A Self-Made Hero

Friday October 3, 1997

     Duplicity is always intriguing, but impostors, people who painstakingly create false identities from the ground up, fascinate most of all. "The best lives are invented, someone said that," remarks Albert Dehousse, the protagonist of Jacques Audiard's smart and provocative "A Self-Made Hero," before blandly adding, "I think it was me."
     Directed and co-written (with Alain Le Henry) by Audiard, an experienced French screenwriter who now directs as well, "A Self-Made Hero" is an acute psychological study of a man who made himself up as he went along, a delicious piece of work that succeeds in making the audience a willing accomplice in the deception. Winner of the best screenplay prize at Cannes, it is as precisely written as it is thought out, and beautifully acted in the bargain.
     For most of the film Dehousse is played by Mathieu Kassovitz (best known as the director of "La Haine"), but when we first meet the character it's as a much older man played by Jean-Louis Trintignant, the subject of a documentary looking into the unique circumstances of his life. (Using these two actors is also something of an inside joke, for they were the stars of Audiard's first film as a director, 1994's excellent but still unreleased "Regarde Les Hommes Tomber.")
     It's the nature of Dehousse's deception that makes him worthy of this documentary. More or less unaffected by World War II, he was able, in the chaotic peacetime months of 1945, to pass himself off as a valued and heroic member of the French Resistance. This concern with the malleability of morality in wartime and after, with how easily the French nation as a whole was able to slough off its history of collaboration, was what attracted Audiard to the Jean-Francois Deniau novel the film is based on.
     Audiard is especially fortunate in the way actor Kassovitz brings the correct combination of earnestness, timidity and bravado to the role of the simultaneously guileless and ruthless Dehousse. Though we may think we'll be put off by the man's dishonesty, there is something ingratiating and amusing about how desperately Dehousse wants to become an insider. A callow youth with surprising reserves of cleverness, able to hide pure calculation under the mask of boyishness, Dehousse is an entertaining master magician who turns his own life into the greatest act of all.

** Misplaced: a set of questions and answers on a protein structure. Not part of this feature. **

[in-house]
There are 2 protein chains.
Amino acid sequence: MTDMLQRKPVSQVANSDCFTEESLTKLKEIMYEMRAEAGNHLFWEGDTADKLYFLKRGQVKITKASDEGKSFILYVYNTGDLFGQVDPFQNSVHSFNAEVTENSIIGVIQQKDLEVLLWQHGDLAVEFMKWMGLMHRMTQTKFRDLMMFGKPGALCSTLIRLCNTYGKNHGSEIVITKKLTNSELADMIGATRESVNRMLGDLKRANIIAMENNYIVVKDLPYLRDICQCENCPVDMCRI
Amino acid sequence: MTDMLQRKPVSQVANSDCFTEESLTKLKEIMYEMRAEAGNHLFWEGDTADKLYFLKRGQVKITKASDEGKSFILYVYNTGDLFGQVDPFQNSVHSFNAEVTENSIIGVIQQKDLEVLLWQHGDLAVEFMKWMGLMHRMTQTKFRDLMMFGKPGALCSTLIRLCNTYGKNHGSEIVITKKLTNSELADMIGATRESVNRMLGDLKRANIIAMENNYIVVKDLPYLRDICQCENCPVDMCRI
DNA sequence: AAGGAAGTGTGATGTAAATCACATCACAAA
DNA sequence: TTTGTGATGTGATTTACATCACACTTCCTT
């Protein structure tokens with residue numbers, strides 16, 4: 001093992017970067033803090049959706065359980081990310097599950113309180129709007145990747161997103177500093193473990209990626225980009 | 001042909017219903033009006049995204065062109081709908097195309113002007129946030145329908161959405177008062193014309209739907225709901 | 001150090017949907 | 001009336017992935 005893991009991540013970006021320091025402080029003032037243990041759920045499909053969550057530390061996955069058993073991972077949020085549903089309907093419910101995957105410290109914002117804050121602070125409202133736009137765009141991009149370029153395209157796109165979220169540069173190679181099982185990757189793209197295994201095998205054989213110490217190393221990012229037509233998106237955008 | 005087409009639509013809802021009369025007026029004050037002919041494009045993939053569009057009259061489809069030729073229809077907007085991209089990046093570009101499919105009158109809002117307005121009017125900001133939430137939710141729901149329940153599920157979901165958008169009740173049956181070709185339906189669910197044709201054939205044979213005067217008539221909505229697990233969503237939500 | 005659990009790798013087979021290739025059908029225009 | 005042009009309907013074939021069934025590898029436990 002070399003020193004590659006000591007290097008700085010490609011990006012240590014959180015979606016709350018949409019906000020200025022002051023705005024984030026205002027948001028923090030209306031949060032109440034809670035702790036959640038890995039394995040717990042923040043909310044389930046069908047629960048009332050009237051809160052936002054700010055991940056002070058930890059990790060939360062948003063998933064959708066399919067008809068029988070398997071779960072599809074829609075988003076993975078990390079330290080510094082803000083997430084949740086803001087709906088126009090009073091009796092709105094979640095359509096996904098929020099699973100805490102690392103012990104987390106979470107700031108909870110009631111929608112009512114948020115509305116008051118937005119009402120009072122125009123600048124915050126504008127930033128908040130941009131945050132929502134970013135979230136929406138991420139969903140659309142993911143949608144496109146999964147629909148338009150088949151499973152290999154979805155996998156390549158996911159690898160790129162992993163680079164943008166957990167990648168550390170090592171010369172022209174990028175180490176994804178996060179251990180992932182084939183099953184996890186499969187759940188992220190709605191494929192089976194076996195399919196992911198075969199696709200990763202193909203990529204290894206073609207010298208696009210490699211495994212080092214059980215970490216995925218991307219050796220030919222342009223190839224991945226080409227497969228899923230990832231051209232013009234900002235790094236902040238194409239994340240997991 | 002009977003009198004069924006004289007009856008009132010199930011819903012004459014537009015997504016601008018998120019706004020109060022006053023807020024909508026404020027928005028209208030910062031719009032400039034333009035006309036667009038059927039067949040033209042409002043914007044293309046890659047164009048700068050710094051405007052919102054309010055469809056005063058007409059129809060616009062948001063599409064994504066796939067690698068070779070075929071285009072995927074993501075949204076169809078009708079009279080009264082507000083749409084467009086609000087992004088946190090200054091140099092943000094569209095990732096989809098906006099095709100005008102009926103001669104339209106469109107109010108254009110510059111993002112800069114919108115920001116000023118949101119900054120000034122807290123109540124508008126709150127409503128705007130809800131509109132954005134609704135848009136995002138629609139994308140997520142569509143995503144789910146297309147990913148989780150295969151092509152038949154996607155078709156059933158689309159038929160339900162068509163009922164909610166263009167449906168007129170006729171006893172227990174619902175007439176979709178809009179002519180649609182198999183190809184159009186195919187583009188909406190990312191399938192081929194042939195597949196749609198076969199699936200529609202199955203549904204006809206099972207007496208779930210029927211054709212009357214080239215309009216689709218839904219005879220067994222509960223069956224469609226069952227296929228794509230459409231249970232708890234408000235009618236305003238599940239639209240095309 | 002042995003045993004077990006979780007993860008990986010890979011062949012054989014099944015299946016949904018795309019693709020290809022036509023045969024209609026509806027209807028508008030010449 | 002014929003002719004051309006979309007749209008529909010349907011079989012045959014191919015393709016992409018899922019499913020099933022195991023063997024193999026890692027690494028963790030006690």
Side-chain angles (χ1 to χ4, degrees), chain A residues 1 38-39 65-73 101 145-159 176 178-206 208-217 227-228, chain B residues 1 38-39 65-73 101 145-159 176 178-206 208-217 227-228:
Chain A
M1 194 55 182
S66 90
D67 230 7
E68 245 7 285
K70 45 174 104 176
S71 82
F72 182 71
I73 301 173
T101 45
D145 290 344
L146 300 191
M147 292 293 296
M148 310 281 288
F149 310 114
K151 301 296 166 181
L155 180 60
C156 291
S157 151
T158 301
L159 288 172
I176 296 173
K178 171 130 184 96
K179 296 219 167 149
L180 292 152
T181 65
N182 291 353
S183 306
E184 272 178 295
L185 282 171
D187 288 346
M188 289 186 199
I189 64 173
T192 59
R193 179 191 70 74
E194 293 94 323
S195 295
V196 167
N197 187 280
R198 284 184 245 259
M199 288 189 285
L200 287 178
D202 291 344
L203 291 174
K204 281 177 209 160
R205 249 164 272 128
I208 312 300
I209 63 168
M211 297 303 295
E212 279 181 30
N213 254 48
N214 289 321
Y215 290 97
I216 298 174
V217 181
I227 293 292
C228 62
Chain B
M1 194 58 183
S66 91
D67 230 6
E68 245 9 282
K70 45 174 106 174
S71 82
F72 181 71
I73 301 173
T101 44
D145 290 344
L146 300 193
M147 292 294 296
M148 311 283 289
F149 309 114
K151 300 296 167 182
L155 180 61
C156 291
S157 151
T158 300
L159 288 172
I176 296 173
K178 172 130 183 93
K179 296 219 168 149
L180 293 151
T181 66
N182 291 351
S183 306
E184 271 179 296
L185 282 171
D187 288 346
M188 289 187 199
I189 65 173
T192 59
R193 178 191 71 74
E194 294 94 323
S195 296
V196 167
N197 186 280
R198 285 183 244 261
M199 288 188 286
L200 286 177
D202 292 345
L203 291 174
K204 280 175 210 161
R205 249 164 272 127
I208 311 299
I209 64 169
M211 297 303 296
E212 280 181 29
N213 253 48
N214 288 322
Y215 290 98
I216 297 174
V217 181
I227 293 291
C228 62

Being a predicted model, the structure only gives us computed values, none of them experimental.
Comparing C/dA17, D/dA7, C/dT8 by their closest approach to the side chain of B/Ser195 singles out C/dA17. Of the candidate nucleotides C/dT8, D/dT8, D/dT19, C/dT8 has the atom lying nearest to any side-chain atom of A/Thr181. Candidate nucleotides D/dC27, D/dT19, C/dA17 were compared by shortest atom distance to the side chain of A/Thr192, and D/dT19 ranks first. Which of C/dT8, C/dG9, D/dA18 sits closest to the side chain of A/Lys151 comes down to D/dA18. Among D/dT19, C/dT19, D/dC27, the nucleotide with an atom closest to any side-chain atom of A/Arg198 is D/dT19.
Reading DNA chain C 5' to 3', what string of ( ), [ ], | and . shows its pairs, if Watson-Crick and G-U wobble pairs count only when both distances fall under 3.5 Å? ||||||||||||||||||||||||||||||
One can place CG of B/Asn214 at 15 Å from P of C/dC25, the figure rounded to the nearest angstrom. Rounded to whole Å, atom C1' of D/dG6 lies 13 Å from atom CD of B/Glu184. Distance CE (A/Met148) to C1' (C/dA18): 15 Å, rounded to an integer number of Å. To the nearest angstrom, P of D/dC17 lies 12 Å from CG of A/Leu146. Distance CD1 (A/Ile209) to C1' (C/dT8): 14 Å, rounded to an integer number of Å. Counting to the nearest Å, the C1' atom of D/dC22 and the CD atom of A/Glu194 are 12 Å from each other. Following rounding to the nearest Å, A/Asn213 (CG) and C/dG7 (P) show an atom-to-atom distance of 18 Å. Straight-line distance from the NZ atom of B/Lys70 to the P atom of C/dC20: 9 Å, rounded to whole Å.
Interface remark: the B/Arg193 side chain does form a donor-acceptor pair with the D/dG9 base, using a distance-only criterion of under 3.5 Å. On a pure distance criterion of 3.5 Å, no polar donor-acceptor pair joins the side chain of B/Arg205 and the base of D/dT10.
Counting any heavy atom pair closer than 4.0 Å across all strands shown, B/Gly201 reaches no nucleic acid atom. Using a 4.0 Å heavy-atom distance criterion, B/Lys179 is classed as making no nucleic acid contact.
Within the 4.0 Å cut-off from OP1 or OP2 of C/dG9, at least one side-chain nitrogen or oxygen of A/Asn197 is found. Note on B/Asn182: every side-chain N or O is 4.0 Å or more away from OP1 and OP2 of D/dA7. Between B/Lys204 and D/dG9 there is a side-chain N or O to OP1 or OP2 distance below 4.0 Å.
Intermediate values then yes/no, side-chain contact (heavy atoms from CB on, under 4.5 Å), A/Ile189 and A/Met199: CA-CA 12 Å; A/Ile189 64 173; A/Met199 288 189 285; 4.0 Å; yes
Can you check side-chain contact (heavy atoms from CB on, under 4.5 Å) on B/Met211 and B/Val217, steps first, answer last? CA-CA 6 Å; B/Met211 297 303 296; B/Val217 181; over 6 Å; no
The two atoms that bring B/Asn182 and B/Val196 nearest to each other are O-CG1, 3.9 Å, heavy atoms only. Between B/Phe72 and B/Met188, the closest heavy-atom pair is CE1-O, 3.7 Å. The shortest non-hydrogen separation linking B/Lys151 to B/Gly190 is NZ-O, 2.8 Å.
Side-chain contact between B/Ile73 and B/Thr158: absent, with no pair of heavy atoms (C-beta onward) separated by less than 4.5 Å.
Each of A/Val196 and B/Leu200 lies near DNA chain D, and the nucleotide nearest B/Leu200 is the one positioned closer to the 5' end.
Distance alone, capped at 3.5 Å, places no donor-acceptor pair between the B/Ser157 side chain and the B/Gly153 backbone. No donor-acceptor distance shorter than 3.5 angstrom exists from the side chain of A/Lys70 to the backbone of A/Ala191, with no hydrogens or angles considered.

One of the unstated themes of "A Self-Made Hero" is that though he wasn't aware while it was happening, Dehousse's entire life was a preparation for his supreme deception. He in effect grew into his vocation, picking up tips and techniques from a variety of unrelated sources.
     As a child, growing up in genteel poverty in rural France, young Albert got his first lesson in deception when he realized his own mother has misled him about his late father's past. Already a lover of words and make-believe, he acts out the novels of youthful adventure he reads, and when he meets future wife Yvette (Sandrine Kiberlain), he tells her he's a writer and proves it by copying out passages from the latest book he's read and passing them off as his own.
     However, Dehousse will not invent on the page, but rather with life itself. After a wartime spent as a salesman learning about self-presentation, he runs off to Paris on Liberation Day out of embarrassment at how little he did during the conflict. There he comes under the influence of the Captain (Albert Dupontel), a real Resistance hero who "loved deceit in every form." He tells his young protege that he's at a rare moment in history when anything goes, and advises him, should he try to be false, "to make it all up, to invent everything from A to Z."
     Which is what Dehousse sets out to do. Beginning with easy things, like bluffing his way into Resistance reunions, he soon turns to deception's heavy lifting. "A Self-Made Hero" is especially good at showing the painstaking hard work that goes into making yourself over: the reading, the memorization, the socializing, the willingness to practice lines as conscientiously as any actor.
     The more he does it, the more Dehousse discovers he has a gift for this business, an ability for outfoxing the suspicious, for knowing how to say, "Need I say more?" when saying more would be fatal. He eventually meets a woman (Anouk Grinberg) who is very nearly a match for him, and he finds himself almost turning, like the protagonist of Roberto Rossellini's classic "General Della Rovere," into something like the person he's pretended to be.
     Writer-director Audiard has not only put together a script that works like an intricate clock, he's also collaborated with cinematographer Jean-Marc Fabre ("Moi Ivan, Toi Abraham") to give the film a sense of cinematic style. Among the playful touches he includes are shots of a chamber ensemble playing the film's Alexandre Desplat score. No matter how real I've made it seem, he's saying, never forget that we're making it up here just like that rascal Albert Dehousse.

A Self-Made Hero, 1997. Unrated. Released by Strand Releasing. Director Jacques Audiard. Producer Patrick Godeau. Screenplay by Alain Le Henry and Jacques Audiard, based on the novel by Jean-Francois Deniau. Cinematographer Jean-Marc Fabre. Editor Juliette Welfling. Costumes Caroline De Vivaise. Music Alexandre Desplat. Production design Michel Vandestien. Sets Dominique Douret. Sound Jean-Pierre Duret. Running time: 1 hour, 45 minutes. Mathieu Kassovitz as Albert Dehousse. Anouk Grinberg as Servane. Sandrine Kiberlain as Yvette. Albert Dupontel as The Captain. Jean-Louis Trintignant as Albert Dehousse.

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